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Lost Missing Pieces #3: King of the Castle

Where it fits

Sometime after "Stranger in a Strange Land" (3.09) and before "The Man from Tallahassee" (3.13) – presumably this is what Jack is doing while Kate, Sayid, and Locke are trying to find him at the Barracks. Maybe Locke is playing chess with the computer at the same time...

Background

Jack has made his deal with Ben, saved Sawyer and Kate, and successfully completed Ben's surgery. He has also, after treating Ben's infection, successfully negotiated Juliet's freedom by forcing Ben to commute her death sentence. All of the Others (with Jack and Juliet) have left "Alcatraz" island and the Hydra station so that Kate/Sawyer can't come back to find them. They are now at the Barracks.

Recap

Jack and Ben are playing a game of chess in Ben's living room. The game has been going on for a little while and each player has lost a few pieces. Ben is in a wheelchair. Jack is bent over the table, leaning on his right hand, concentrating hard on his next move. However, Ben is sitting upright, looking occasionally at the board but mostly at Jack. He seems very confident – as always. He knows more (about chess but more importantly about the island) and is pleased to have the upper hand. The contrast between the two is blatant.

Their conversation is very telling, but I don't want to completely quote it word for word here. Ben suggests that it must be strange for Jack. Jack first comments that it's not strange, because his dad taught him to play when he was a kid. Ben corrects this misunderstanding and says that he meant it must be strange for Jack to be with the Others. Jack seems pretty confident that he is in a good situation and will be leaving the island soon.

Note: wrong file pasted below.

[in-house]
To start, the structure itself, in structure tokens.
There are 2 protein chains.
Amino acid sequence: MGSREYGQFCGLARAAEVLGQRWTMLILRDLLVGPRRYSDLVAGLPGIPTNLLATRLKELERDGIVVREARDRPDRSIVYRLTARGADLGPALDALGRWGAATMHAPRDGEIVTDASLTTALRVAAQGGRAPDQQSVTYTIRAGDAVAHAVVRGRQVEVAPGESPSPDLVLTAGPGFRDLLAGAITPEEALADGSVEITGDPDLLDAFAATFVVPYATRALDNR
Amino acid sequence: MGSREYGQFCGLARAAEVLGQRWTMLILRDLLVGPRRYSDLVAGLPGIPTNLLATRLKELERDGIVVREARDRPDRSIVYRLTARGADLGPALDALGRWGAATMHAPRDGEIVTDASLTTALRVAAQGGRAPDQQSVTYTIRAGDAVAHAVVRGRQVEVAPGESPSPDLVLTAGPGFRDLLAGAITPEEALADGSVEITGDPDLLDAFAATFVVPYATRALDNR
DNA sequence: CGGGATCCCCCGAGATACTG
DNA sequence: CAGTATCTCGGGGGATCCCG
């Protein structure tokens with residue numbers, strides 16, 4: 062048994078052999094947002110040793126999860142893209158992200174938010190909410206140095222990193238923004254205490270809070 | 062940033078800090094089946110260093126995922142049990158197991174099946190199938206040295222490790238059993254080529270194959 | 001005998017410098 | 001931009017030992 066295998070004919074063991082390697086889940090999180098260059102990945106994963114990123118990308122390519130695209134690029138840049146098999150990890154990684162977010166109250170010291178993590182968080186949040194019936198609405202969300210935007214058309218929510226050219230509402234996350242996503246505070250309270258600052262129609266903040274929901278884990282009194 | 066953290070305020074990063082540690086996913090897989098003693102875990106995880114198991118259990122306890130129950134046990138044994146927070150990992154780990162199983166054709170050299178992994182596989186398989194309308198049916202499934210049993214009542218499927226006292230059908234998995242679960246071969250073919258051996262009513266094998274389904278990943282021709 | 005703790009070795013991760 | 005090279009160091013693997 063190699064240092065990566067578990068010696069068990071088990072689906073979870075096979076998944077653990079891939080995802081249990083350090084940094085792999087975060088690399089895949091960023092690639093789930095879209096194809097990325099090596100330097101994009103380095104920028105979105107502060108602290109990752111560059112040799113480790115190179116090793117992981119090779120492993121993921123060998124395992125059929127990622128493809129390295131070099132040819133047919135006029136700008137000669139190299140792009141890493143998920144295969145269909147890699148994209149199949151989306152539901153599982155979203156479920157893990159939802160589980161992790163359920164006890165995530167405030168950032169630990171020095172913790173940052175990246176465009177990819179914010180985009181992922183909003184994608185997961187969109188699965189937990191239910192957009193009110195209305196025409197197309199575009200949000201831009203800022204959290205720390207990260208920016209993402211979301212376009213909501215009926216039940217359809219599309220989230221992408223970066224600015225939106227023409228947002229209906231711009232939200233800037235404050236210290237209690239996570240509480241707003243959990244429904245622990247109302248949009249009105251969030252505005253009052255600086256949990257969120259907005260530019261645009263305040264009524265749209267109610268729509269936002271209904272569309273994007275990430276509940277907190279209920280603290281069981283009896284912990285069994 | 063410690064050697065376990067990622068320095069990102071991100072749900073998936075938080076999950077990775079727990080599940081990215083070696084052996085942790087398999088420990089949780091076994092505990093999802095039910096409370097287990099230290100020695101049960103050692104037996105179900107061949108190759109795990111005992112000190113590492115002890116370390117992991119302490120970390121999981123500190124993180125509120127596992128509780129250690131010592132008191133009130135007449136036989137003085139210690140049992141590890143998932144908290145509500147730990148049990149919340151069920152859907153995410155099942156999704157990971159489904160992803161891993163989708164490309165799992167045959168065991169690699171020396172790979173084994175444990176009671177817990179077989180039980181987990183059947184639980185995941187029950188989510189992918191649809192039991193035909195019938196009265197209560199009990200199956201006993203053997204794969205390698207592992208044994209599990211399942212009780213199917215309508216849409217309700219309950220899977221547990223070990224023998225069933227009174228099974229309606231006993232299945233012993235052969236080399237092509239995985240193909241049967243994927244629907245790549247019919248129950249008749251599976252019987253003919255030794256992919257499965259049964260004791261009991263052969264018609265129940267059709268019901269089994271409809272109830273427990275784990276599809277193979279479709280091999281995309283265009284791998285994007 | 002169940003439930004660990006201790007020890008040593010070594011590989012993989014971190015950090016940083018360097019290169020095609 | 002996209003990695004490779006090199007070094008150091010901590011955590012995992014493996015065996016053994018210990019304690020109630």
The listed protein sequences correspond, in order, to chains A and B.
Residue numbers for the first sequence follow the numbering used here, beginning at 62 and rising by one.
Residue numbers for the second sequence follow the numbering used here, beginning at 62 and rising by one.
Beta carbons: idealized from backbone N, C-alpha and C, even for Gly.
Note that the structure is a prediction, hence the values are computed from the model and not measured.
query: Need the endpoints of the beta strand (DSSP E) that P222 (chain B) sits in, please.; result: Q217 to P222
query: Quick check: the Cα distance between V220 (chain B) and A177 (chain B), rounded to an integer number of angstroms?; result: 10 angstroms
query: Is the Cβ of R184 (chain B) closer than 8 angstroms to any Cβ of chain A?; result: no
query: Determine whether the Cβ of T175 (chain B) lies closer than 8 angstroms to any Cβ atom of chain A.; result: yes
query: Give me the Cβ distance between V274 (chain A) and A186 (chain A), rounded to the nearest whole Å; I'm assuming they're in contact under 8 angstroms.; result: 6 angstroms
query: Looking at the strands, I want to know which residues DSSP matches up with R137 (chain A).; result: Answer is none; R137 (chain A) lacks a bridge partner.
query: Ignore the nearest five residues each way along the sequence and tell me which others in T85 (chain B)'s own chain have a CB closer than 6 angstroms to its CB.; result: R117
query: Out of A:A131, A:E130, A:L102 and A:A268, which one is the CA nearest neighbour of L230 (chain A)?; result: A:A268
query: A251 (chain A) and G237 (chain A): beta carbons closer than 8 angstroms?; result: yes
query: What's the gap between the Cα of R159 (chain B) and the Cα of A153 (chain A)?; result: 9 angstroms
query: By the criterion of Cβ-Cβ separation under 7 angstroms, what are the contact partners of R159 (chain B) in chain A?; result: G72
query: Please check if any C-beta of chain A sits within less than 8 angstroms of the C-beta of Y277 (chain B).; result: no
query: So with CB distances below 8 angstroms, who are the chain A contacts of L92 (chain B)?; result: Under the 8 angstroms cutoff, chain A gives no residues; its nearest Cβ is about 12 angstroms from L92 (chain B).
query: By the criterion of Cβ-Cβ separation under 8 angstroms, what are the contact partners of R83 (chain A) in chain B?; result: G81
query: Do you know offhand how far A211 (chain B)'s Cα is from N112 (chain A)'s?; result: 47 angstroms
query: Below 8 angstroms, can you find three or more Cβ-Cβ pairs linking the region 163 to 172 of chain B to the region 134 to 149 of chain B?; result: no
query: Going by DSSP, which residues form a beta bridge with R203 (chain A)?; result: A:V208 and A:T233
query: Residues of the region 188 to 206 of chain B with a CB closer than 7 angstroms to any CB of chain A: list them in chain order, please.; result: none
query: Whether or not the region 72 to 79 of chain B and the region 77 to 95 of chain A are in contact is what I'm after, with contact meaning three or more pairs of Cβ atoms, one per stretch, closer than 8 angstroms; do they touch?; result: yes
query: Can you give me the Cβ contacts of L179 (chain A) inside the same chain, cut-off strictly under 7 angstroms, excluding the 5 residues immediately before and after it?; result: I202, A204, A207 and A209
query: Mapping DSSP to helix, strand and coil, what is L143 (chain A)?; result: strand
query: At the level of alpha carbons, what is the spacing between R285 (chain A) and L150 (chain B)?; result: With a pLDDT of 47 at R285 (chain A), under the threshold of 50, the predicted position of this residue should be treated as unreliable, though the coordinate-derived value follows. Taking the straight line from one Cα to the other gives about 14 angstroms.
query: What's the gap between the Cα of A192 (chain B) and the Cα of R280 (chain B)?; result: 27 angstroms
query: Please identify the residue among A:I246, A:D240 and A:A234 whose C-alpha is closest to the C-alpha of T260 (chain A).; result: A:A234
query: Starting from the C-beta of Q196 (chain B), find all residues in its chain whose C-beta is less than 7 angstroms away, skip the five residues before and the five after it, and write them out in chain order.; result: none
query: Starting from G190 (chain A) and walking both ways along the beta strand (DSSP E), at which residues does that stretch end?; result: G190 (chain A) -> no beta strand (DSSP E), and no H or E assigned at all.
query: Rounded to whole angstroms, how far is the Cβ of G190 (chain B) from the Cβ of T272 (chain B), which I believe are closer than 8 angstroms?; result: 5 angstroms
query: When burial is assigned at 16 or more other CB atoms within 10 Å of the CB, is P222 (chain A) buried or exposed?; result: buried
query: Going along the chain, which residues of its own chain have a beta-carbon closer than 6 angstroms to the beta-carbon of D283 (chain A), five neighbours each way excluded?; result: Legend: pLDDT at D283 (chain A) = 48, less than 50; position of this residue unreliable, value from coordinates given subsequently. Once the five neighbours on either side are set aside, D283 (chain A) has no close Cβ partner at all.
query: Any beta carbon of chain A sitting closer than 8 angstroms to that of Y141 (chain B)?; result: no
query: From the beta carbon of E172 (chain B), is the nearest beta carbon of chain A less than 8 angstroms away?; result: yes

As their conversation continues, Ben asks if he might convince Jack to stay, while still claiming that he "intends" to honor their deal. This comment of course makes Jack suspicious. Ben promises the he won't do anything to prevent Jack from leaving. However, he continues, if the island doesn't want Jack to leave then it won't let him leave. (This distinction that Ben is making reminds me of him saying he didn't tell Michael to kill Ana-Lucia and Libby.) Jack thinks about this in concrete terms, asking if the island will sink the sub. Ben laughs this off, but then adds:

"But if you do leave this place, a day may come when you wanna return."
"Never."
"I've learned never to say never... and if that day does come, I hope you remember this conversation."

Ben then "castles" his king, thus thwarting Jack's attempt to win the game. Ben says, "It was a nice try, though," with smug satisfaction, while Jack looks at him with utter annoyance bordering on hatred.

Chess

I'm not very knowledgeable about chess, but I know a little bit and have researched a little more on Wikipedia because I'm sure the writers are trying to make a point with the game and the moves that Ben and Jack make.

First, of course, there's a general overall meaning in just playing chess. Ben leads people as if he were playing chess. He's always willing to sacrifice someone (think of poor Goodwin) for the betterment of the whole. He also prides himself on being able to manipulate situations, thus causing others to make moves he can take advantage of. (Just think of his relationship with Locke.) And, as he himself has said, he always has a plan. He makes predictions and strategizes, two important skills for any good chess player. On top of that, the writers obviously find importance in game play in general – we see Hurley, Sawyer, and Locke playing Risk on this very table in Ben's house in season four.